According to the prime minister of Japan, the nation’s declining birth rate puts it in danger of losing its ability to function as a society.
As Fumio Kishida put it, “now is the time or never.”
Less than 800,000 births are thought to have occurred in Japan, which has a population of 125 million, last year. The number was above two million in the 1970s.
Many nations, including Japan’s neighbors, are seeing a slowdown in birth rates.
But because of the recent increase in life expectancy in Japan, there are now more elderly people than there are professionals to care for them, making the problem more urgent there.
After the tiny state of Monaco, Japan now has the second-highest percentage of individuals 65 and older in the world, at roughly 28%.
Mr. Kishida warned lawmakers that Japan was “on the precipice of whether we can continue to function as a society.”
“Paying attention to child-rearing and child-related policies is a matter that must wait and cannot be delayed.”
He stated that he eventually wants the government to increase the amount it spends on initiatives involving children. In April, he added, a new government organization devoted to the problem would be established.
Governments in Japan have attempted to push similar tactics in the past, but without success.
By the end of the century, analysts predicted that Japan’s population would decline from a high of 128 million in 2017 to less than 53 million. According to official statistics, the population is currently just about 125 million.
Despite these relaxations, Japan has maintained to enforce tight immigration policies, but some experts now argue that the restrictions should be further reduced to help Japan address its aging population.
A number of variables, such as growing living costs, an increase in the number of working and educated women, and easier access to contraception, which encourages women to choose to have fewer children, all contribute to declining birth rates.
China announced its first population decline in 60 years last week.
Presentational grey line of 2 px
“Resistance to immigration has not abated”
Rupert Wingfield-Hayes, a Japan correspondent, provides an analysis box.
After tiny Monaco, Japan has the oldest population in the entire globe. There are less births being recorded than ever before. It might lose a fifth of its existing population by 2050.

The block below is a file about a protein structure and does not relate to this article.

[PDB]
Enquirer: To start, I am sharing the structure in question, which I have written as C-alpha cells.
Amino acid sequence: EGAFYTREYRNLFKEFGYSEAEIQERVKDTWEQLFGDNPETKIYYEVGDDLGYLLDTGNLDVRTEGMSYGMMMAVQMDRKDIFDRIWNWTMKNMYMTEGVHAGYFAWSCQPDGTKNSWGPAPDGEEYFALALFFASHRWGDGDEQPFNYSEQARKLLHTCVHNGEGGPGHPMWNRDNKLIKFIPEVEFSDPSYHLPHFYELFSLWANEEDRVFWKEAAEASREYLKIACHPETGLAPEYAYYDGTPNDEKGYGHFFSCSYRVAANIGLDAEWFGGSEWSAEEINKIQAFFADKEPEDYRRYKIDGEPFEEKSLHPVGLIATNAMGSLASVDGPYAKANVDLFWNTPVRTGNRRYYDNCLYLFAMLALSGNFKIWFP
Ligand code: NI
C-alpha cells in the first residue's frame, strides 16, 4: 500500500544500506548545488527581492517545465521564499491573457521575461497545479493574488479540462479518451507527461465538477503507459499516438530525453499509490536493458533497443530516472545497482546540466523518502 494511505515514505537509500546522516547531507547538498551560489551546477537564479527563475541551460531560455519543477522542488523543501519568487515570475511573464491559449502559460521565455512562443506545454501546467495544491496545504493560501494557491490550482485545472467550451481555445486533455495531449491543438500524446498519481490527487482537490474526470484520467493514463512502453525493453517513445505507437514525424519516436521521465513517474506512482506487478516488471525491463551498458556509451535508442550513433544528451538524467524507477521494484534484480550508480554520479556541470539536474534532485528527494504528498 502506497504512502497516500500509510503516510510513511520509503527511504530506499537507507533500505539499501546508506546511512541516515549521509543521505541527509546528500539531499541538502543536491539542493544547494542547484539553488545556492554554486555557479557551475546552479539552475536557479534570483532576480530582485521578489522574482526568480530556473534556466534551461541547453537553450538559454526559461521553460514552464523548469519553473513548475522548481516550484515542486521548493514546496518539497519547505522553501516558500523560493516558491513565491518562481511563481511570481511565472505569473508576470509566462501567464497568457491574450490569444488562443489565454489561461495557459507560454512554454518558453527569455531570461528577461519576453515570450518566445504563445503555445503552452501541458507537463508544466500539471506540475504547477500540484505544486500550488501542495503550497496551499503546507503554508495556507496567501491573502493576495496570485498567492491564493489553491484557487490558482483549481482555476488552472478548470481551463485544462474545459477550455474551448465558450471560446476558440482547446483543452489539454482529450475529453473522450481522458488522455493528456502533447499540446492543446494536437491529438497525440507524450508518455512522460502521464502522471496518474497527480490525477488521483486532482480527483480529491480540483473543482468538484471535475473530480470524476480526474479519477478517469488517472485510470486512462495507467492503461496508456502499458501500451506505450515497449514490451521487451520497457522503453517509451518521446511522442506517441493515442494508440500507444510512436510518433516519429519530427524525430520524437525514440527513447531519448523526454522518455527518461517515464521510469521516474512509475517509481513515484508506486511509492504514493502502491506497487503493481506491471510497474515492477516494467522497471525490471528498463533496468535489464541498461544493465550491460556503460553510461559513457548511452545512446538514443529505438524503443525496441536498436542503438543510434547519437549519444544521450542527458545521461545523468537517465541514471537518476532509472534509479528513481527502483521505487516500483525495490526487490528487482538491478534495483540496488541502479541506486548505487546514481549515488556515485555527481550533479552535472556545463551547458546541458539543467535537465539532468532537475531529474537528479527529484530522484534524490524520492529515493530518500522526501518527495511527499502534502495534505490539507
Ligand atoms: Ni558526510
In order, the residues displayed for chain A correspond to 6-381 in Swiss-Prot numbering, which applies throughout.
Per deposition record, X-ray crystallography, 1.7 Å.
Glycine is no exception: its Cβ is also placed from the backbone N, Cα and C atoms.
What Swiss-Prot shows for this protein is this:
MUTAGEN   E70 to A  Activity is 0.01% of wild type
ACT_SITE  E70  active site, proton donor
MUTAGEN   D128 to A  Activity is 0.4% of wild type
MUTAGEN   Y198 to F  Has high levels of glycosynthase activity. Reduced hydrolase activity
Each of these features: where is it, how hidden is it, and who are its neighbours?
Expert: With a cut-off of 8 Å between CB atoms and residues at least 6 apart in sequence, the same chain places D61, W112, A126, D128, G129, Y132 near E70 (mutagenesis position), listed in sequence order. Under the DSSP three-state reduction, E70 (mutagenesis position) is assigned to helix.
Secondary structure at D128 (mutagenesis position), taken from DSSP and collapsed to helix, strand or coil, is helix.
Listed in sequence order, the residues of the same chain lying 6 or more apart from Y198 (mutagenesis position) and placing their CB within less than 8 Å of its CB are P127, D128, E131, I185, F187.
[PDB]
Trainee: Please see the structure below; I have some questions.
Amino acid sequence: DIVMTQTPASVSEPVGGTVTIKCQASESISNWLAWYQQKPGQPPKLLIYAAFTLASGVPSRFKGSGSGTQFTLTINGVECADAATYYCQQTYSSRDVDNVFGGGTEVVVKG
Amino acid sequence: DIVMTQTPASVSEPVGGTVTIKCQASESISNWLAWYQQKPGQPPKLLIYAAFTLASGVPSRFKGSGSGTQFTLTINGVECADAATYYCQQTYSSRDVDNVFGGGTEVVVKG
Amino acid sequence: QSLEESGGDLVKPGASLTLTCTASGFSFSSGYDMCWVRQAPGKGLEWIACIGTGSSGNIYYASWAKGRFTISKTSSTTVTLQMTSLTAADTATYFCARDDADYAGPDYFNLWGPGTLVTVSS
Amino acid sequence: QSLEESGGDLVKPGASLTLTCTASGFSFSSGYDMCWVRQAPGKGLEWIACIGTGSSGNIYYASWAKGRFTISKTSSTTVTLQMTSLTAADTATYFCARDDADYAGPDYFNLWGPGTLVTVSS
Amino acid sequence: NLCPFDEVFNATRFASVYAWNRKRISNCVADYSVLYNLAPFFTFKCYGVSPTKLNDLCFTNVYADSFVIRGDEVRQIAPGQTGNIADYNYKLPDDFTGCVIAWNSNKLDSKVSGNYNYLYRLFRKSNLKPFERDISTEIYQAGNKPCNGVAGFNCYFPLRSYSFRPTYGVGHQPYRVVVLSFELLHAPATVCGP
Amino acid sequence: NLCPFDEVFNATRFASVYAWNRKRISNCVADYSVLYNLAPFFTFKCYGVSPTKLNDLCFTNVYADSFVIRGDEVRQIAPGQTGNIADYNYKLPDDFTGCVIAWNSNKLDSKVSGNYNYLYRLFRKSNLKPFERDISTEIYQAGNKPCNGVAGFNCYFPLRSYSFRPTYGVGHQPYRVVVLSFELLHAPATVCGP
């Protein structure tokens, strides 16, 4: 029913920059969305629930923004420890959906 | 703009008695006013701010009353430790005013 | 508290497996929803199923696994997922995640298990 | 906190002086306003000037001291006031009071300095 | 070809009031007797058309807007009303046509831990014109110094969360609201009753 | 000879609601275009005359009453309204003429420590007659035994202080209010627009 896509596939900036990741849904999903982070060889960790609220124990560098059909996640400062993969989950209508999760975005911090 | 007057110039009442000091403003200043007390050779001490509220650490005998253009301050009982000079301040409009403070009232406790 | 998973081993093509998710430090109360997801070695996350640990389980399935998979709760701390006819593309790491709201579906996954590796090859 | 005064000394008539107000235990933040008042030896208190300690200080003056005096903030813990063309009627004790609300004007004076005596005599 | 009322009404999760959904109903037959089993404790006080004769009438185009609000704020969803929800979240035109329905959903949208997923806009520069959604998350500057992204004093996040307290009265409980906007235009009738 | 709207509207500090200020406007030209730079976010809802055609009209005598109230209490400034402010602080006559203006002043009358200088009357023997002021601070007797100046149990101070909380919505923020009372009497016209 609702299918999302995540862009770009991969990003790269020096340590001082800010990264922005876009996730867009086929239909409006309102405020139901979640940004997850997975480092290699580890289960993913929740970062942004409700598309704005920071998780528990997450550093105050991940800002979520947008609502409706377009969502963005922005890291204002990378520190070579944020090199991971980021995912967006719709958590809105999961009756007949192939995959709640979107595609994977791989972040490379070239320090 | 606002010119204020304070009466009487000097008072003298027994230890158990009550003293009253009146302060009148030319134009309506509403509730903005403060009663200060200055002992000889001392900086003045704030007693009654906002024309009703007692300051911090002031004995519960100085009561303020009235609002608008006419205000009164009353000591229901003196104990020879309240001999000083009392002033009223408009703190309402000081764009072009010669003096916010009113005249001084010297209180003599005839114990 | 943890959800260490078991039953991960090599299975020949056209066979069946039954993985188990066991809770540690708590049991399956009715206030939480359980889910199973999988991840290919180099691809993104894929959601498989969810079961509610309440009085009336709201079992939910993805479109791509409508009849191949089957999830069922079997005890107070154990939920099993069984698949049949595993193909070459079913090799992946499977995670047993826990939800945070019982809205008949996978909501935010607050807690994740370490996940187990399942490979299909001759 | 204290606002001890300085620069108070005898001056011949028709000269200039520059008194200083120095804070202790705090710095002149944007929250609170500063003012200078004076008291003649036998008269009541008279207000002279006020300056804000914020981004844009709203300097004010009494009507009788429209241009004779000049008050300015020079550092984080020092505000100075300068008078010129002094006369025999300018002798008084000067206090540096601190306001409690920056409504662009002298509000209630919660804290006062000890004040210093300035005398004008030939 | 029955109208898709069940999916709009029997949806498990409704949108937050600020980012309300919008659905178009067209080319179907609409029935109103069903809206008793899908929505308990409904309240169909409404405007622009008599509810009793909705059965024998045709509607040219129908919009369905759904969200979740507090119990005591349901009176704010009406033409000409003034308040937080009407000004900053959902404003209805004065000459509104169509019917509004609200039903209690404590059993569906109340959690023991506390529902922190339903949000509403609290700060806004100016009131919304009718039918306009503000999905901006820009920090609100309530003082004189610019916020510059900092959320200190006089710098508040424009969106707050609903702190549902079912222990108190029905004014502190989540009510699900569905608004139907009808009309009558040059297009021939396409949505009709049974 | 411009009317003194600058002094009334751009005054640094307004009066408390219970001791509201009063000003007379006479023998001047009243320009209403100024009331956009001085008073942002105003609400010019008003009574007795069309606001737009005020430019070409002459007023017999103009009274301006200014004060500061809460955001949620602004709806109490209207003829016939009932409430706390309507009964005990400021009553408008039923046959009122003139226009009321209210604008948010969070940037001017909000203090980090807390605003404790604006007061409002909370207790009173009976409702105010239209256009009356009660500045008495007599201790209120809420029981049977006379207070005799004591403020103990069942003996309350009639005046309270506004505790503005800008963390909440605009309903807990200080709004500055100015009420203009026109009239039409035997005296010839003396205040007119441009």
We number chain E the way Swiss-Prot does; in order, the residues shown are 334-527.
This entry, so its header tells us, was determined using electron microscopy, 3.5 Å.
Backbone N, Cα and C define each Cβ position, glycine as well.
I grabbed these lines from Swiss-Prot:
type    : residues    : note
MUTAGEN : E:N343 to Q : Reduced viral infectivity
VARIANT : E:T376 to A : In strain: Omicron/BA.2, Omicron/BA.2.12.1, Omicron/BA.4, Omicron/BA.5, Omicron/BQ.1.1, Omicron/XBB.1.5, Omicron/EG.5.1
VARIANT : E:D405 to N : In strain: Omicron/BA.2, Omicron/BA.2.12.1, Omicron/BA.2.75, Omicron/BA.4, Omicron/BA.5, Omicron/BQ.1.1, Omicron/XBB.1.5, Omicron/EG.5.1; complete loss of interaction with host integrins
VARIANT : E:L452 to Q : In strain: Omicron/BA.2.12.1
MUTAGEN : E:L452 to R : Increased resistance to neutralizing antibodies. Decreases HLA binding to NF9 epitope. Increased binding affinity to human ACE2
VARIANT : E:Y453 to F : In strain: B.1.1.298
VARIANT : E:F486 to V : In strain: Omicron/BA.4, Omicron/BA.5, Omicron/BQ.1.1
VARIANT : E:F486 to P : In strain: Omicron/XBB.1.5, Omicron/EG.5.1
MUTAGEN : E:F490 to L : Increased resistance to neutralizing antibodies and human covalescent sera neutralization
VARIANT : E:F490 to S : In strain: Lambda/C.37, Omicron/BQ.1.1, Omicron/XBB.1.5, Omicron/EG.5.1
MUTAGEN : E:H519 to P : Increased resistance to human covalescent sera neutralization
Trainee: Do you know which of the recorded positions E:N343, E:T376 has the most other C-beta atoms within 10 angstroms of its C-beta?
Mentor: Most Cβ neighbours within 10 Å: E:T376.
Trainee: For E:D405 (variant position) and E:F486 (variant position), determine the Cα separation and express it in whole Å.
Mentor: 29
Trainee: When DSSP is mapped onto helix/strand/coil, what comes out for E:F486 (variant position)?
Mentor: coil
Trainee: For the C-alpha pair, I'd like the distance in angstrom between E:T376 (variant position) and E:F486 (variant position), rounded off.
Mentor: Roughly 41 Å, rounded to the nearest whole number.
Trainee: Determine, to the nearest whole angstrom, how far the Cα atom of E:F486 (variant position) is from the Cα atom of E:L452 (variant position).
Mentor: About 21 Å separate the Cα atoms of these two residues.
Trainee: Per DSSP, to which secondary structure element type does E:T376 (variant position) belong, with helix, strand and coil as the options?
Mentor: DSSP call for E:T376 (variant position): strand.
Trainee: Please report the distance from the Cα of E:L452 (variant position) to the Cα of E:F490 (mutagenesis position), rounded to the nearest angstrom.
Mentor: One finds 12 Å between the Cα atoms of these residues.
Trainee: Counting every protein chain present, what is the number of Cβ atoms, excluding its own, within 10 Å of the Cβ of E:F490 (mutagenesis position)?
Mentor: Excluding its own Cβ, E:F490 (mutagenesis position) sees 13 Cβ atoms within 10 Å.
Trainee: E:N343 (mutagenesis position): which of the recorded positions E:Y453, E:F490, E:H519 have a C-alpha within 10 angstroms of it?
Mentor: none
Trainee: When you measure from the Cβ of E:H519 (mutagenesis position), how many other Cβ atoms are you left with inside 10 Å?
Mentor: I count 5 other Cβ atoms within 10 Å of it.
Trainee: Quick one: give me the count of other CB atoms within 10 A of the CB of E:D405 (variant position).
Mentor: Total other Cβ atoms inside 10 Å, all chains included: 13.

Its opposition to immigration, however, has not changed. In contrast to the UK, where 15% of people are foreign-born, just roughly 3% of people in Japan are. Right-wing movements in Europe and America highlight it as a shining example of ethnic purity and social peace.
But contrary to what those admirers may believe, Japan is not entirely monoethnic. The Ainu of Hokkaido, the southern Okinawans, half a million ethnic Koreans, and over a million Chinese are present.
Then there are Japanese children, like my own three, who have one foreign parent.
These bilingual children are referred to as “hafu,” which is a derogatory term that is common in this country. They include famous people and legendary athletes, including Naomi Osaka, a tennis player. They are revered in popular culture as being “more beautiful and talented.” But to be accepted is totally different from being idolized.
Japan is a wonderful place to start if you want to observe what happens to a nation that rejects immigration as a remedy for declining fertility.
Here, real earnings have not increased in 30 years. Taiwan and South Korea have even surpassed Japan in terms of income.
However, change seems far away. The tight structure that establishes who controls the levers of power is partially to blame.
As he says goodbye to Japan, read the entirety of Rupert’s weekend essay here.